I read about Shai Agassi’s plans for electric cars in Wired last summer and while it is high profile, with big name partners including Nissan Renault, I just wondered whether it was another software millionaire playing with cars (see Tesla as exhibit A). His plans are set out in more detail at betterplace.com , including a high minded vision:

  • A world living free from oil.
  • A planet healing and thriving.
  • And our environment and economy brought back into balance with each other.

The video of his speech is found on TED and it is worth watching for the undoubted enthusiasm – oil free nations such as Israel and Denmark by 2020 is the dream – I am still just a bit cynical (surprise). Key aims are affordable and convenient, no new science, using existing battery tech. Charging points everywhere so you can always charge and easy battery swaps, like gas stations.  All good in theory…

What is interesting is the willingness to go with an open source, but standards based infrastructure approach. A lot of the solutions being supported by programmes such as the UK’s Technology Strategy Board  Ultra Low Carbon Vehicle Project will play into the hands of monopoly suppliers.

BTW Wired are launching a new UK print version this month – how brave is that? I remember the short lived Wired UK from 1995, but then I was the only subscriber 🙂

Intellectual Property

One of the most telling moments at Mipim this week was the Innovation seminar. Now seminars at Mipim are never that well attended – theres deals to be done, wine to drink – but even so less than 100 people in a big room reminded me of the industries weaknesses – introversion, conservatism, complacency.

The speaker, Robert Newhart II, an American innovation evangelist, preached a pretty mainstream spin on innovation (and creativity) compared to some of the more edgy stuff we hear in the UK, whether from Nesta or the social marketing sector. Drawing on his “Free Radicals of Innovation”  film, there were examples – the usual suspects – Apple, Sony, Nike – and the theme was the usual “innovate or die”, more innovation when times are tough, etc, with quotes from Darwin, Edison, Einstein as well as video clips with Guy Kawasaki (yep, him again). Not bad as an advert for the Innovation Center.org, but not sure the real estate guys got anything from it.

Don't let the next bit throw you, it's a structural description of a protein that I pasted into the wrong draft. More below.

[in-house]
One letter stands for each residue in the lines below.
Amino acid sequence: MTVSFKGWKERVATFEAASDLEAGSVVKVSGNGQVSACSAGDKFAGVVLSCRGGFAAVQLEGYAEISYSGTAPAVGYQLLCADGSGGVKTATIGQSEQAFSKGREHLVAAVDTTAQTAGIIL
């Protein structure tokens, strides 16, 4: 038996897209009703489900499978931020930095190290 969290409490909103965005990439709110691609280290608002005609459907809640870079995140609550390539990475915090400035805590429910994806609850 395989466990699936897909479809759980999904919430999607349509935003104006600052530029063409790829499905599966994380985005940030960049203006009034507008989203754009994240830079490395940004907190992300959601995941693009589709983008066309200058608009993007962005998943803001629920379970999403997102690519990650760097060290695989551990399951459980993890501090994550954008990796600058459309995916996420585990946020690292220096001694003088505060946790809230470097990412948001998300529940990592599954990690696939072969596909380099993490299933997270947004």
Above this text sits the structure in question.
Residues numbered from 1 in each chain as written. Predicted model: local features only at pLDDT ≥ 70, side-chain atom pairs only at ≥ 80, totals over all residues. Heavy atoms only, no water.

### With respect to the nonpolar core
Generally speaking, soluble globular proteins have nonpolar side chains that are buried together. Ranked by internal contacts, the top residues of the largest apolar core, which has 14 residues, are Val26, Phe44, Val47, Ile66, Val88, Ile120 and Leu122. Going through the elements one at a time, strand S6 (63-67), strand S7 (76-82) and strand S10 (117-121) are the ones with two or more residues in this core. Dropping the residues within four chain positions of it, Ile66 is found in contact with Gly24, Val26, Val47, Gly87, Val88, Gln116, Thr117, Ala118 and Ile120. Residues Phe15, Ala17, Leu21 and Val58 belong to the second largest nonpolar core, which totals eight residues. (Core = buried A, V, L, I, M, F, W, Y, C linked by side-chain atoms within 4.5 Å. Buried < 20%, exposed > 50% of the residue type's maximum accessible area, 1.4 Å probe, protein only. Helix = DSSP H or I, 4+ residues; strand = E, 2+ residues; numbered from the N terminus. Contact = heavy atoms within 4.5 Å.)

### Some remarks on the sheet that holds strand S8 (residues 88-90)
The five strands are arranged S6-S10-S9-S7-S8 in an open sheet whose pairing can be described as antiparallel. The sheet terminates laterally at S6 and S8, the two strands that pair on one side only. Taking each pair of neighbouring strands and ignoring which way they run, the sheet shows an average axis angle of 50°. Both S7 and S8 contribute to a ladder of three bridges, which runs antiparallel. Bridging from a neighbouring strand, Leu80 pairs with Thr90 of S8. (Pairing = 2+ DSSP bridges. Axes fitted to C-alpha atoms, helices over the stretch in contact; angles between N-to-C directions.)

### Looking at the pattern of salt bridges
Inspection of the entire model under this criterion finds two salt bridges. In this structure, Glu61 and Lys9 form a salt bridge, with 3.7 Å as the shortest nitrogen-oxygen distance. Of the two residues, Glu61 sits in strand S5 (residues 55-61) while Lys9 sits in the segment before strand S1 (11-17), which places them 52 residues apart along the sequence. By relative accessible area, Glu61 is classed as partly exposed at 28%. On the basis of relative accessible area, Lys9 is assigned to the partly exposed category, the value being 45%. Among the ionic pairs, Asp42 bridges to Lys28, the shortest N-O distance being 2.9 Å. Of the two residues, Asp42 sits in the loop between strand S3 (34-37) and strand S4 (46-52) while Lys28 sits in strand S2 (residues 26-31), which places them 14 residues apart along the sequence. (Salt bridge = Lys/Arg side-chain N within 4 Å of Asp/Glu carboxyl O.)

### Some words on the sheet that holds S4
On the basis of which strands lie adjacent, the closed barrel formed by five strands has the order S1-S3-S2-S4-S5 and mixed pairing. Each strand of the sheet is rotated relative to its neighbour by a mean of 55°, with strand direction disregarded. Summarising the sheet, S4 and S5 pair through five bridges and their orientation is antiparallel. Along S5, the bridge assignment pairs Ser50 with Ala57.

So what else did I see?  – lots of glass towers optimistically proposed for small towns in eastern Europe, big Russian stands, but fewer Russians, Boris Johnson positive and idiosyncratic as usual, UK public sector led regen strong, a lot less money men and yes just a few people saying there are good schemes coming forward. But as Newhart says too many think its “keep your head down and in two years time you can carry on as before” – no, the old model is not only broke, but gone.

As for the anticipated Twitter #Mipim buzz it didn’t really happen – a few from individuals, the magazines – especially BD &  Estates Gazette, but maybe everyone was too “busy” to report their progress minute by minute. Most were saying “its less busy, but the key players are still here” – perhaps justification for the bosses back home?

Now back to the real world for me too…

Smarter, faster, younger

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It is with some quiet satisfaction I report that a Japanese study (admittedly sponsored by Yamaha) led by the nueroscientist behind Nintendo DS Brain Training, Ryuta  Kawashima, has tested a number of middle aged men who after returning to motorcycling  saw improvements in memory, information processing and concentration functions. 

The riders said they made fewer mistakes at work and felt happier.

Kawashima said “Our final conclusion is that riding motorcycles can lead to smart ageing.” So can I get some tax breaks on my health plan that involves more motorcycling?

Also in the comments on Hell for Leather– “you don’t stop riding because you get old, you get old because you stop riding”

and another cafe racer image for the fans out there – Ala Verda – Norton Commando engine, Laverda frame: